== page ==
Disordered eating and job stress among nurses


Keith A. King
Health Promotion and Education
University of Cincinnati
PO Box 210002, 526 TC
Cincinnati, OH 45221-0068
E-mail: keith.king@uc.edu


Aim  The purpose of this study was to examine disordered eating behaviours among nurses in the state of Ohio.

Background  Individuals involved in disordered eating tend to report more frequent and higher levels of perceived stress than their counterparts. As nurses regularly perform stressful roles and responsibilities within a high-stress environment, this group may be at elevated risk of disordered eating.

Method  A 65-item survey was mailed to a random sample of 1000 nurses in the state of Ohio.

Results  A total of 435 nurses (47%) returned completed surveys. Most (93%) were registered nurses (RNs) and 87% were over 31 years old. Results indicated that disordered eating differed significantly based on perceived job stress and perceived body satisfaction. Nurses with high levels of perceived job stress and low levels of body satisfaction had higher disordered eating involvement.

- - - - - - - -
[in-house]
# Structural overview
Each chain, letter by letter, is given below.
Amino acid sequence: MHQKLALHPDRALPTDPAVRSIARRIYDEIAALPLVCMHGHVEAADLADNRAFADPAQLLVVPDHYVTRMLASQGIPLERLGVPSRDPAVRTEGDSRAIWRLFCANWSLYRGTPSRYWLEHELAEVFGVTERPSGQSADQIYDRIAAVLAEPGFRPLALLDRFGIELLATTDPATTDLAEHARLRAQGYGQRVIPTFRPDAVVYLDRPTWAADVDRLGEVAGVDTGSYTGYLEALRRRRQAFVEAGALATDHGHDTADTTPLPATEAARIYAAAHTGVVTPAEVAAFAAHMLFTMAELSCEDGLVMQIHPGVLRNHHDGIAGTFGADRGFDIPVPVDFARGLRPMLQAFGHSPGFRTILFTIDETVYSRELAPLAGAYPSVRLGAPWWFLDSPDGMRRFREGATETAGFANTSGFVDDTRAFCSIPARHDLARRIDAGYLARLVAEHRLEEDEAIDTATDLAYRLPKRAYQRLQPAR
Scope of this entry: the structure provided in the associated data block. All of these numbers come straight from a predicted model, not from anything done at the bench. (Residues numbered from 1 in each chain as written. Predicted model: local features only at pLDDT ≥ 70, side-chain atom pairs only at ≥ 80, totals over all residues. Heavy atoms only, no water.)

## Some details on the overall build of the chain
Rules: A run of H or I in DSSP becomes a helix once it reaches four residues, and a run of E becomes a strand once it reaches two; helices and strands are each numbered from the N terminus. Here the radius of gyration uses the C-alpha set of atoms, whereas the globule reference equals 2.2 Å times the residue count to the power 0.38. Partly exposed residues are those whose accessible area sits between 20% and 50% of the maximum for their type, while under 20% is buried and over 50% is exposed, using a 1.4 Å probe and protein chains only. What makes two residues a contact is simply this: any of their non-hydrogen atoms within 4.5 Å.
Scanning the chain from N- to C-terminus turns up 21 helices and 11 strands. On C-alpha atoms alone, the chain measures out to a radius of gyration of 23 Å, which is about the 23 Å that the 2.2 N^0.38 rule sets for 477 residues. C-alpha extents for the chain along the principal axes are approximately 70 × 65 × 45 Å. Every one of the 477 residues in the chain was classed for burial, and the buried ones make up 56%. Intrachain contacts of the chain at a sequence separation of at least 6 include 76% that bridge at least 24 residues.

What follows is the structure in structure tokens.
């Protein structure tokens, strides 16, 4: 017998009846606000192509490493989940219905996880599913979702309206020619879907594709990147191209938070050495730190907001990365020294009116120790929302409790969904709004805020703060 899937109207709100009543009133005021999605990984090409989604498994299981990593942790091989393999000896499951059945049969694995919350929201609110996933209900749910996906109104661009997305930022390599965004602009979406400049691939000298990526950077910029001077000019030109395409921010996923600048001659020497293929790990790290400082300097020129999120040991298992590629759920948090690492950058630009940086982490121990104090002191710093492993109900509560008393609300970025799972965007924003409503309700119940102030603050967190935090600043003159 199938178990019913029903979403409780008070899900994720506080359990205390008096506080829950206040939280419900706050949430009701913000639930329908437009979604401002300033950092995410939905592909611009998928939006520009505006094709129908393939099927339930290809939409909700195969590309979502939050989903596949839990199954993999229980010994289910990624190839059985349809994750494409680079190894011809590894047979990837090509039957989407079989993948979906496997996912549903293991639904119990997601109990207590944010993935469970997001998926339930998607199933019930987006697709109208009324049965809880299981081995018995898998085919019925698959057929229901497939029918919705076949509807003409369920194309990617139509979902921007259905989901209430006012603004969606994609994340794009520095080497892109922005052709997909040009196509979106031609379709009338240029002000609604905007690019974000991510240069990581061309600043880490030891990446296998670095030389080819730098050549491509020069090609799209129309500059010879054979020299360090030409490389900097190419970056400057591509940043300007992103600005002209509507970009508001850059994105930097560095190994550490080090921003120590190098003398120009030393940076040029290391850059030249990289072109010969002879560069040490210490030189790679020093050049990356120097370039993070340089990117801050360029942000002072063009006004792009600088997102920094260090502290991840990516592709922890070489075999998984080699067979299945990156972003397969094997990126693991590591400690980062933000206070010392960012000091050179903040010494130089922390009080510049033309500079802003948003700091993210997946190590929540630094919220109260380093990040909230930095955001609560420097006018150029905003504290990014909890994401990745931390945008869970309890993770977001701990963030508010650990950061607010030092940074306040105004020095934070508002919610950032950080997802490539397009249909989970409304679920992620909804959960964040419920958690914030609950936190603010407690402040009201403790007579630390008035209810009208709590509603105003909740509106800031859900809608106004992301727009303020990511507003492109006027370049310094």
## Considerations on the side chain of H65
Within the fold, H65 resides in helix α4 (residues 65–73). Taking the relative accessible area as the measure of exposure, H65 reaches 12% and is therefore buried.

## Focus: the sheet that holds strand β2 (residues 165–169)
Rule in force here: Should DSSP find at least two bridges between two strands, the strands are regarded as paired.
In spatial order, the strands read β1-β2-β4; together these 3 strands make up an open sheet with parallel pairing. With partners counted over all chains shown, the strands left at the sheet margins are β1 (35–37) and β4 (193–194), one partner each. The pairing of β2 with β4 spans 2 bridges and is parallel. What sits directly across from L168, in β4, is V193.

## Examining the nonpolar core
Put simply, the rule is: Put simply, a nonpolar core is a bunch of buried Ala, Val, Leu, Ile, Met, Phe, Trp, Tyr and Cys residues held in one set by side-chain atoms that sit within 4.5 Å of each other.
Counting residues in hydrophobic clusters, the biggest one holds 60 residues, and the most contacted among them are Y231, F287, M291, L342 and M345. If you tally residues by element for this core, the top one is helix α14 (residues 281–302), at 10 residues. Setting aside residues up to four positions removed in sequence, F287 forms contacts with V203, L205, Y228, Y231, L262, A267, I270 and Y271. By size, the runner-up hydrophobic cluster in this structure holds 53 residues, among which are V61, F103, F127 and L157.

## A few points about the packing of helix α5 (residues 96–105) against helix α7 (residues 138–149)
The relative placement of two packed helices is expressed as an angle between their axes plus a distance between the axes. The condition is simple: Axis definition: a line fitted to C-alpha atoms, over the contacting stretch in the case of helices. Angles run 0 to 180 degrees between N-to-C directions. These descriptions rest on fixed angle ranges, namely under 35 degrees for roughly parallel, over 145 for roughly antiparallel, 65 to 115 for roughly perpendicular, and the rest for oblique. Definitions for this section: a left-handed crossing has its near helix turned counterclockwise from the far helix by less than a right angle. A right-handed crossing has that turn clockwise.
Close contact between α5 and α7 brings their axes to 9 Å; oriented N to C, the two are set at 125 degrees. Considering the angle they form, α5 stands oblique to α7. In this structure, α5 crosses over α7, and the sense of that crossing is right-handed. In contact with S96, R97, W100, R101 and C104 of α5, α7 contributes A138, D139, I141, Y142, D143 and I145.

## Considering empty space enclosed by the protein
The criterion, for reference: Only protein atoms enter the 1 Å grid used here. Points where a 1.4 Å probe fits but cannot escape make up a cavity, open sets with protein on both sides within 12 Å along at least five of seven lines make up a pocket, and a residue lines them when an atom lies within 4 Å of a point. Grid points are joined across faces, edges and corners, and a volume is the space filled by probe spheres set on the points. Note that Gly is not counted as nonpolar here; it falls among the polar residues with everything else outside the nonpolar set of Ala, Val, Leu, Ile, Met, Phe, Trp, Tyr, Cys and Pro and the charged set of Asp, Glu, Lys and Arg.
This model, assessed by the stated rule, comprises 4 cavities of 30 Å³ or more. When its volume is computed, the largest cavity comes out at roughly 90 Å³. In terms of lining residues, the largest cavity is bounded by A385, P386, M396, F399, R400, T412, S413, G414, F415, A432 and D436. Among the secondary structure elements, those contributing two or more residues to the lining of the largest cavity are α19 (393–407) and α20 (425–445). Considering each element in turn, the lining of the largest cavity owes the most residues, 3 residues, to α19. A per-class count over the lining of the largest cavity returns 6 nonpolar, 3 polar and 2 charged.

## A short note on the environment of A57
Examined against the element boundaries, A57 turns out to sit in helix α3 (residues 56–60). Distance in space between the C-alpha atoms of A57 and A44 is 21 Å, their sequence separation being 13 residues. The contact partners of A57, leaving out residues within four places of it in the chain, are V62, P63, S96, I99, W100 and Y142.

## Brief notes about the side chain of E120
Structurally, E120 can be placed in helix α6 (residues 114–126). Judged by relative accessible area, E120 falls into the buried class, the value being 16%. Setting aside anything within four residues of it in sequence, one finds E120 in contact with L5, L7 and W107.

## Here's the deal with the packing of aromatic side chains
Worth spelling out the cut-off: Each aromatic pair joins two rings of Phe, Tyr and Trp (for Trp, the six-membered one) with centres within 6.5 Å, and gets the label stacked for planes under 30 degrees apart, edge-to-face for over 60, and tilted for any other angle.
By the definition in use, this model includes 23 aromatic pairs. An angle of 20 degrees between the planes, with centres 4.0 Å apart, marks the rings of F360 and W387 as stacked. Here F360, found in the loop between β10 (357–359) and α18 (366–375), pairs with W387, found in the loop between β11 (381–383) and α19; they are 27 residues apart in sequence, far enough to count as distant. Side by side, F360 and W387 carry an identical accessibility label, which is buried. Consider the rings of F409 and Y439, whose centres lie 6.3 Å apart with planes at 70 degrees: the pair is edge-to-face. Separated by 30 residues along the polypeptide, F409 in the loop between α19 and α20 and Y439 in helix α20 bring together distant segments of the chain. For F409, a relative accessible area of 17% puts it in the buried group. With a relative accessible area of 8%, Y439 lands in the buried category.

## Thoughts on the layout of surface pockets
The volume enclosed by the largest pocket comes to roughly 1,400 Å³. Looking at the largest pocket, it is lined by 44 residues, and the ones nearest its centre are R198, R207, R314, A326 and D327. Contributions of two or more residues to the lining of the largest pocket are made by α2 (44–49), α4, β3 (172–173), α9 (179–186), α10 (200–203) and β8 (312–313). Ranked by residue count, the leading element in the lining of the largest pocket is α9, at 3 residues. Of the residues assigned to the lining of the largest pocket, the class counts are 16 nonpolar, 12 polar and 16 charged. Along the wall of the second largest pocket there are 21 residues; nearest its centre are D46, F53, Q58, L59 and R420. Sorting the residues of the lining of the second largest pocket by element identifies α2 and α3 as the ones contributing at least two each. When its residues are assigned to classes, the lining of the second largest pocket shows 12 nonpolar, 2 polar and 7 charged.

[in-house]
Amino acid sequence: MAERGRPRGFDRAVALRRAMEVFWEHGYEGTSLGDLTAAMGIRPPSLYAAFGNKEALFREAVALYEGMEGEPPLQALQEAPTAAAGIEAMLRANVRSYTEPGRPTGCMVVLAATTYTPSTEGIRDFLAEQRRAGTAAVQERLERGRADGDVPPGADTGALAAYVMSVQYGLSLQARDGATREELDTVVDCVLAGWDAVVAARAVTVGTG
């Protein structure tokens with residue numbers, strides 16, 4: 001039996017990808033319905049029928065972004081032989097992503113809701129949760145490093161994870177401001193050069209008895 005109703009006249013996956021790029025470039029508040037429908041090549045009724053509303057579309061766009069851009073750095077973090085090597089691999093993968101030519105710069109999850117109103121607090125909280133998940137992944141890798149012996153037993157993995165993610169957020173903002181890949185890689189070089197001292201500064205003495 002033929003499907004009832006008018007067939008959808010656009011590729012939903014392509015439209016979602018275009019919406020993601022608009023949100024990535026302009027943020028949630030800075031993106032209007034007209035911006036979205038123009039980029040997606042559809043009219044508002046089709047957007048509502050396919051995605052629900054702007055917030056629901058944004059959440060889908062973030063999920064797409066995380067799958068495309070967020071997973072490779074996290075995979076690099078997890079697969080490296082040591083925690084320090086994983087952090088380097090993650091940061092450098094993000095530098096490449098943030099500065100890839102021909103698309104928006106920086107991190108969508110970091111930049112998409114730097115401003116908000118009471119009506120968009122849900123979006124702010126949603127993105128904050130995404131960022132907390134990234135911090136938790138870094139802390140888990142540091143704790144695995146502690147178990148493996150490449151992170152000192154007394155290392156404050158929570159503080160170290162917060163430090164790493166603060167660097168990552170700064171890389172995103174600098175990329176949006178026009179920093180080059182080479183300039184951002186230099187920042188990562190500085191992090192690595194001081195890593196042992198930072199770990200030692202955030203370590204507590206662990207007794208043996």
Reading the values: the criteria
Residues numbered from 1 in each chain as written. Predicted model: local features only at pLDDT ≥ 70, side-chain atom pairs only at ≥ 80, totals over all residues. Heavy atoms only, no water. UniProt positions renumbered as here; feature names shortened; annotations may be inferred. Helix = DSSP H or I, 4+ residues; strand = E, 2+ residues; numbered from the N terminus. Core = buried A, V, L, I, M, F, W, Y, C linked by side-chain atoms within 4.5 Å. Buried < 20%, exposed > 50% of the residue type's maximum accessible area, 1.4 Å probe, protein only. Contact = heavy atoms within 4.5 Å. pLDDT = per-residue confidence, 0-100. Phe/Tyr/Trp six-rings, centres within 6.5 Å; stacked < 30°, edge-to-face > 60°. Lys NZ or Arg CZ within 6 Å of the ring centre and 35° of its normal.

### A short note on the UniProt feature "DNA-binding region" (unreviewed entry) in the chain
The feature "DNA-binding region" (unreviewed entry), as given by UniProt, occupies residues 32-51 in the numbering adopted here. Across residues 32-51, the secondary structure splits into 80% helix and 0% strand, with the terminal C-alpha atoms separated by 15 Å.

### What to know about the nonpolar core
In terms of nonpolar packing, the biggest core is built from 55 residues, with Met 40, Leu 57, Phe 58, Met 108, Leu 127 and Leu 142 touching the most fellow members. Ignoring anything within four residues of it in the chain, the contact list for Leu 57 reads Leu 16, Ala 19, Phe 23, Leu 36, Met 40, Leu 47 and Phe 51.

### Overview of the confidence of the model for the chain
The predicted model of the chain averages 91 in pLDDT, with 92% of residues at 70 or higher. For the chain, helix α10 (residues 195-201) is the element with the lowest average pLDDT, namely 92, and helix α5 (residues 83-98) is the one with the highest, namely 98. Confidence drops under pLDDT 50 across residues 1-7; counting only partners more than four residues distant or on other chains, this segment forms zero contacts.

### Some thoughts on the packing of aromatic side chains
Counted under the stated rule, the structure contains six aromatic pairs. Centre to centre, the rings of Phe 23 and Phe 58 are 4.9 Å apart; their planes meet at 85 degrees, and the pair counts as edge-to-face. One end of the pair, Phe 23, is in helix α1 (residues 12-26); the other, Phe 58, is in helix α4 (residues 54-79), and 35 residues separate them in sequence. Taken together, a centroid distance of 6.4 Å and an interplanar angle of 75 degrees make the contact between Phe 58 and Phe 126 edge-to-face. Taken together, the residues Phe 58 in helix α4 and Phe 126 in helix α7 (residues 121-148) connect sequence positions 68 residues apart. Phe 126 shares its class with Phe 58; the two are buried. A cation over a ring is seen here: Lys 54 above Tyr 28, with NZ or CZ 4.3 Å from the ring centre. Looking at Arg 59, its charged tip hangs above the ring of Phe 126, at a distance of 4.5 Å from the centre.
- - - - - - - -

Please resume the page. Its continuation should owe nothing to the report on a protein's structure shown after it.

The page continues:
Conclusions  Nurses reporting high levels of job stress are at increased risk of disordered eating behaviours. Recommendations for future research are offered.

Implications for nursing management  Employee wellness programmes should be developed that educate and support nurses to make healthy lifestyle choices.